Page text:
At a time when most countries defined citizenship by ancestry, Britain was unusual in developing a civil rather than an ethnic nationality. The U.S., as so often, distilled and intensified a tendency that had been present in Great Britain, explicitly defining itself as a creedal polity: Anyone can become American simply by signing up to the values inherent in the Constitution.Success in a republic -- especially in ours, where foundational principles included the propositions that citizens were expected to be responsible for themselves and their condition, that the individual states would be the principle means by which the citizenry would govern itself, and that the federal government would attend only to those duties that individuals and the individual states were structurally incapable of addressing (e.g. defense of the nation) -- demands a strong measure of self-discipline exercised by both the citizenry and the government and sufficient interest by that citizenry in political affairs that it is willing and able to hold its government to account when policies pose dangers to the long-term health and viability of the Republic. Currently, the majority of our citizenry is 'uninterested' and 'unwilling' and seems more inclined to increase the provision of federally-dispensed goodies even at the expense of the longterm health of our country. I hope the rapidly unfolding 'Affordable Care Act' debacle is sufficient to rouse people to action but our recent history doesn't make me very optimistic. Pity.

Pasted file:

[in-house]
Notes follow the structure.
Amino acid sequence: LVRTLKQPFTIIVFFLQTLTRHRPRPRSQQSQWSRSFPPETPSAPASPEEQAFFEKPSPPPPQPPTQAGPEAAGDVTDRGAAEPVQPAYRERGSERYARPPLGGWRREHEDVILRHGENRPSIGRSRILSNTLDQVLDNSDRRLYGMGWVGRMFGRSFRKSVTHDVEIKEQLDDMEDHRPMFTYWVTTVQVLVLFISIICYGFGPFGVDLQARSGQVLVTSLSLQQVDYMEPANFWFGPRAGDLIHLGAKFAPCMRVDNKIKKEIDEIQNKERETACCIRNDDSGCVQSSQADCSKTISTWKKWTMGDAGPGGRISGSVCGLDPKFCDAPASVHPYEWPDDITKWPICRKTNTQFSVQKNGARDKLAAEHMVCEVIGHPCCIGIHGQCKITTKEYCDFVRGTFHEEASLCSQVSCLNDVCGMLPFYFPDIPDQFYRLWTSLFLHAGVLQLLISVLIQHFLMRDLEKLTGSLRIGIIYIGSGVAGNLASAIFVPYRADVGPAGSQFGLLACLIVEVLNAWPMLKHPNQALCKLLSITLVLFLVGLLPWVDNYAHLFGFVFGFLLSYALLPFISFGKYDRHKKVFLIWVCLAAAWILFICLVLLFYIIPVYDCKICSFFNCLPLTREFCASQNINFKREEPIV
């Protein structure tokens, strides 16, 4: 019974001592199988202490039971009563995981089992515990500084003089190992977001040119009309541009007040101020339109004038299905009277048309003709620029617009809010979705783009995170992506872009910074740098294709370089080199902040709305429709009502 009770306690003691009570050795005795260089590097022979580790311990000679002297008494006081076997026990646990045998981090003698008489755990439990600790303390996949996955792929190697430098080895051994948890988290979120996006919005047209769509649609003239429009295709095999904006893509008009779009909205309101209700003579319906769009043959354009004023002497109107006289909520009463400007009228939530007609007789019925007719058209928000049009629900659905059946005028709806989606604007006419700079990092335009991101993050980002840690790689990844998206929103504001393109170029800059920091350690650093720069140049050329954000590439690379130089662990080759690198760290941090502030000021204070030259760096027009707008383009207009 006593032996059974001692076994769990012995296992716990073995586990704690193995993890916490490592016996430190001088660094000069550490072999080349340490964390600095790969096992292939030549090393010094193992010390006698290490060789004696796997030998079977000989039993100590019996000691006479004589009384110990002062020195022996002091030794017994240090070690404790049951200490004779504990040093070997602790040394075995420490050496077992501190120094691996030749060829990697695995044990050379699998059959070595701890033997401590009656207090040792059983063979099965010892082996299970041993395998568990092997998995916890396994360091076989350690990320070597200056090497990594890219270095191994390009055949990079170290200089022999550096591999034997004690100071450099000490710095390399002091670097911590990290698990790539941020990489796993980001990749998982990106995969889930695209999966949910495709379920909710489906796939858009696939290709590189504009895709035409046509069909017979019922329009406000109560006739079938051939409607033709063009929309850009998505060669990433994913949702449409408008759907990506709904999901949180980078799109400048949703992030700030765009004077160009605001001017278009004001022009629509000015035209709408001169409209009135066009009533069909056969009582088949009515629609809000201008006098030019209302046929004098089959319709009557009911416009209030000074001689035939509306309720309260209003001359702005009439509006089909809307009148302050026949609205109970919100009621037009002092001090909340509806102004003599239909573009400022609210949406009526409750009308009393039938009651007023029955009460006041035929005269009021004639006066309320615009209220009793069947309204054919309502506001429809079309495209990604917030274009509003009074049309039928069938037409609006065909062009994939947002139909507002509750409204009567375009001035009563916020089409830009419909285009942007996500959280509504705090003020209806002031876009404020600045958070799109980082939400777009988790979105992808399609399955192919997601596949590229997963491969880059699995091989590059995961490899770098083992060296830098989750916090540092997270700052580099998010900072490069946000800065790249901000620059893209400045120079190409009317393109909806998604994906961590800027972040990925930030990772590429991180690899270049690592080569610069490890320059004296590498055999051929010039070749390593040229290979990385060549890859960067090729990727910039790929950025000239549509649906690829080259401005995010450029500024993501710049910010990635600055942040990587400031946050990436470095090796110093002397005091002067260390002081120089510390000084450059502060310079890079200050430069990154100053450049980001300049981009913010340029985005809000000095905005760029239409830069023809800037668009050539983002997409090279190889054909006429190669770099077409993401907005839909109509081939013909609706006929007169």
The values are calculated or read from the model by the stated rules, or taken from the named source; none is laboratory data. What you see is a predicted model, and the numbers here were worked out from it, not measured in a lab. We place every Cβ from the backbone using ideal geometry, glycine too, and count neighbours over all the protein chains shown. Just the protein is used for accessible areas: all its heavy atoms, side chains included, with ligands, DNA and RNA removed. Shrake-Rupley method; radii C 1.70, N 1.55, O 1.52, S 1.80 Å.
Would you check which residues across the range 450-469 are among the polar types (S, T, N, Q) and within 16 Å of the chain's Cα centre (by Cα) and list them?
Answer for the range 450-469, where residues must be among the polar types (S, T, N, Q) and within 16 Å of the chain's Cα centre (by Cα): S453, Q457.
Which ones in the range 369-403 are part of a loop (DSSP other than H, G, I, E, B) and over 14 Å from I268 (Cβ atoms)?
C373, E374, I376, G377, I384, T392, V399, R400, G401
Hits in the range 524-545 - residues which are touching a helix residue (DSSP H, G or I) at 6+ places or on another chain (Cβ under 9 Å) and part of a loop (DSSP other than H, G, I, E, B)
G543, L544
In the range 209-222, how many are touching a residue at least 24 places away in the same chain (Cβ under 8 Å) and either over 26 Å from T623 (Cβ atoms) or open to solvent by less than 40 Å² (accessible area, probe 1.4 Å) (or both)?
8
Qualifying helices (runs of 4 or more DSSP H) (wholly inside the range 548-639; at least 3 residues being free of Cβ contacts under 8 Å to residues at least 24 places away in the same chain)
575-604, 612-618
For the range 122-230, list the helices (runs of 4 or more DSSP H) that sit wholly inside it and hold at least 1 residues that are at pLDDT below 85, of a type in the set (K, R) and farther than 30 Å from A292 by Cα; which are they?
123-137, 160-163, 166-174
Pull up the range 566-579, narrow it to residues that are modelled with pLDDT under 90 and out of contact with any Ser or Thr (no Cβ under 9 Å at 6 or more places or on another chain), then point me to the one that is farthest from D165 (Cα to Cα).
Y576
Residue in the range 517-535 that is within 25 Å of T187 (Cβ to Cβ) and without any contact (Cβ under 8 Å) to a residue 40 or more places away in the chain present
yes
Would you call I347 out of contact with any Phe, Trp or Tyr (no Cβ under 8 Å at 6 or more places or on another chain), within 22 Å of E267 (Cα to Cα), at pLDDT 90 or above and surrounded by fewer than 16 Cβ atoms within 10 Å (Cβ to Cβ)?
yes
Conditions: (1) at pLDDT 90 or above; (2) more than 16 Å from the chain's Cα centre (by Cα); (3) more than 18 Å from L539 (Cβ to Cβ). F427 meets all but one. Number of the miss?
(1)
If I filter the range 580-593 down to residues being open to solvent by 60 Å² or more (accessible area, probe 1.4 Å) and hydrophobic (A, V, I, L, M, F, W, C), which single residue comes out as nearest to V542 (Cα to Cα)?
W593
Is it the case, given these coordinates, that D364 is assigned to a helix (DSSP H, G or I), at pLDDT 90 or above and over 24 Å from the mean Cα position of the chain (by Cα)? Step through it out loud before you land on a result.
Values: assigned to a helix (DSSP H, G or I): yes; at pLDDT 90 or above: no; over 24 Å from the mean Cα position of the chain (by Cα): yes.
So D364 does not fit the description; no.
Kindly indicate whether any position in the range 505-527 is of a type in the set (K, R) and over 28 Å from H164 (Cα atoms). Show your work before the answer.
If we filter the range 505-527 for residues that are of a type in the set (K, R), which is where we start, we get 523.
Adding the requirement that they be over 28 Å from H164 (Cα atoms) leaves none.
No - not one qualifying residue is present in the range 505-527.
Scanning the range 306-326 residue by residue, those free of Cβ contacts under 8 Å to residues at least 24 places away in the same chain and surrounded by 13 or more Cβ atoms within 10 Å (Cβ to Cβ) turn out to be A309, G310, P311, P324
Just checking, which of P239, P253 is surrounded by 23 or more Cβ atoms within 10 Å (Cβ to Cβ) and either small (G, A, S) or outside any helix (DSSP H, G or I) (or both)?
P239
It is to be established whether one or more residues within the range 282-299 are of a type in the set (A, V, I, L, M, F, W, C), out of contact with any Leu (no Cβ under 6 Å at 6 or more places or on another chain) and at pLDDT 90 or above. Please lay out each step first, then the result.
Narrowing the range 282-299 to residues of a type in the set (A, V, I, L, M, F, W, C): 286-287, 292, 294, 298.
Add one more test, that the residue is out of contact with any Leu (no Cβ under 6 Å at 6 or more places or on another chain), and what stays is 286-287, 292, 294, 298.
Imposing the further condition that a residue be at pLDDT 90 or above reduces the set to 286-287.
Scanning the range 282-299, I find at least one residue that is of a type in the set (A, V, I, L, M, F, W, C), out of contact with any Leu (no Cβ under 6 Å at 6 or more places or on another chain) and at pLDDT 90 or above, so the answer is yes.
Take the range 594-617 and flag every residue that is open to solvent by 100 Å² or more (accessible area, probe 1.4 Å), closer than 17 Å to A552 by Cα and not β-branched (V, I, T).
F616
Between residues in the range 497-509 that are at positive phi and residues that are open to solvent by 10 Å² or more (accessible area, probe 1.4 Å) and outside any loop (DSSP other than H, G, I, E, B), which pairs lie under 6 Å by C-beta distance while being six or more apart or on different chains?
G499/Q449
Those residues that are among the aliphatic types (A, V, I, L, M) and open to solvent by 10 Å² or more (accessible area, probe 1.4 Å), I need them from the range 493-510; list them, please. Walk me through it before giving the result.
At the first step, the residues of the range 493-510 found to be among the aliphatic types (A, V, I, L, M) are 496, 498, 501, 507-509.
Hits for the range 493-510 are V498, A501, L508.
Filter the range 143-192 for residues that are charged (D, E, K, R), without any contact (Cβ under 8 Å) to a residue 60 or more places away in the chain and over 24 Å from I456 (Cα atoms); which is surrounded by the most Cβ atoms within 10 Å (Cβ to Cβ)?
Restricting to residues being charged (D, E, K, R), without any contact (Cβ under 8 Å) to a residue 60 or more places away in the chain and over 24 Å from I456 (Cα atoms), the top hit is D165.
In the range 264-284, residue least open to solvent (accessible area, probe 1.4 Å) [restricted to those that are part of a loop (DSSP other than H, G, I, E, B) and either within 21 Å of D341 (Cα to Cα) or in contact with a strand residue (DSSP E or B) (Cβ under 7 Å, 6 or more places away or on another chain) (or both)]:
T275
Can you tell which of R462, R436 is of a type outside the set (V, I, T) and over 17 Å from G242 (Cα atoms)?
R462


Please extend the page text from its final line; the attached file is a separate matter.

There is, of course, a flip-side. If the U.S. abandons its political structures, it will lose its identity more thoroughly than states that define nationality by blood or territory. Power is shifting from the 50 states to Washington, D.C., from elected representatives to federal bureaucrats, from citizens to the government. As the U.S. moves toward European-style health care, day care, college education, carbon taxes, foreign policy and spending levels, so it becomes less prosperous, less confident and less free.
We sometimes talk of the English-speaking nations as having a culture of independence. But culture does not exist, numinously, alongside institutions; it is a product of institutions. People respond to incentives. Make enough people dependent on the state, and it won't be long before Americans start behaving and voting like…well, like Greeks.
The World of English Freedoms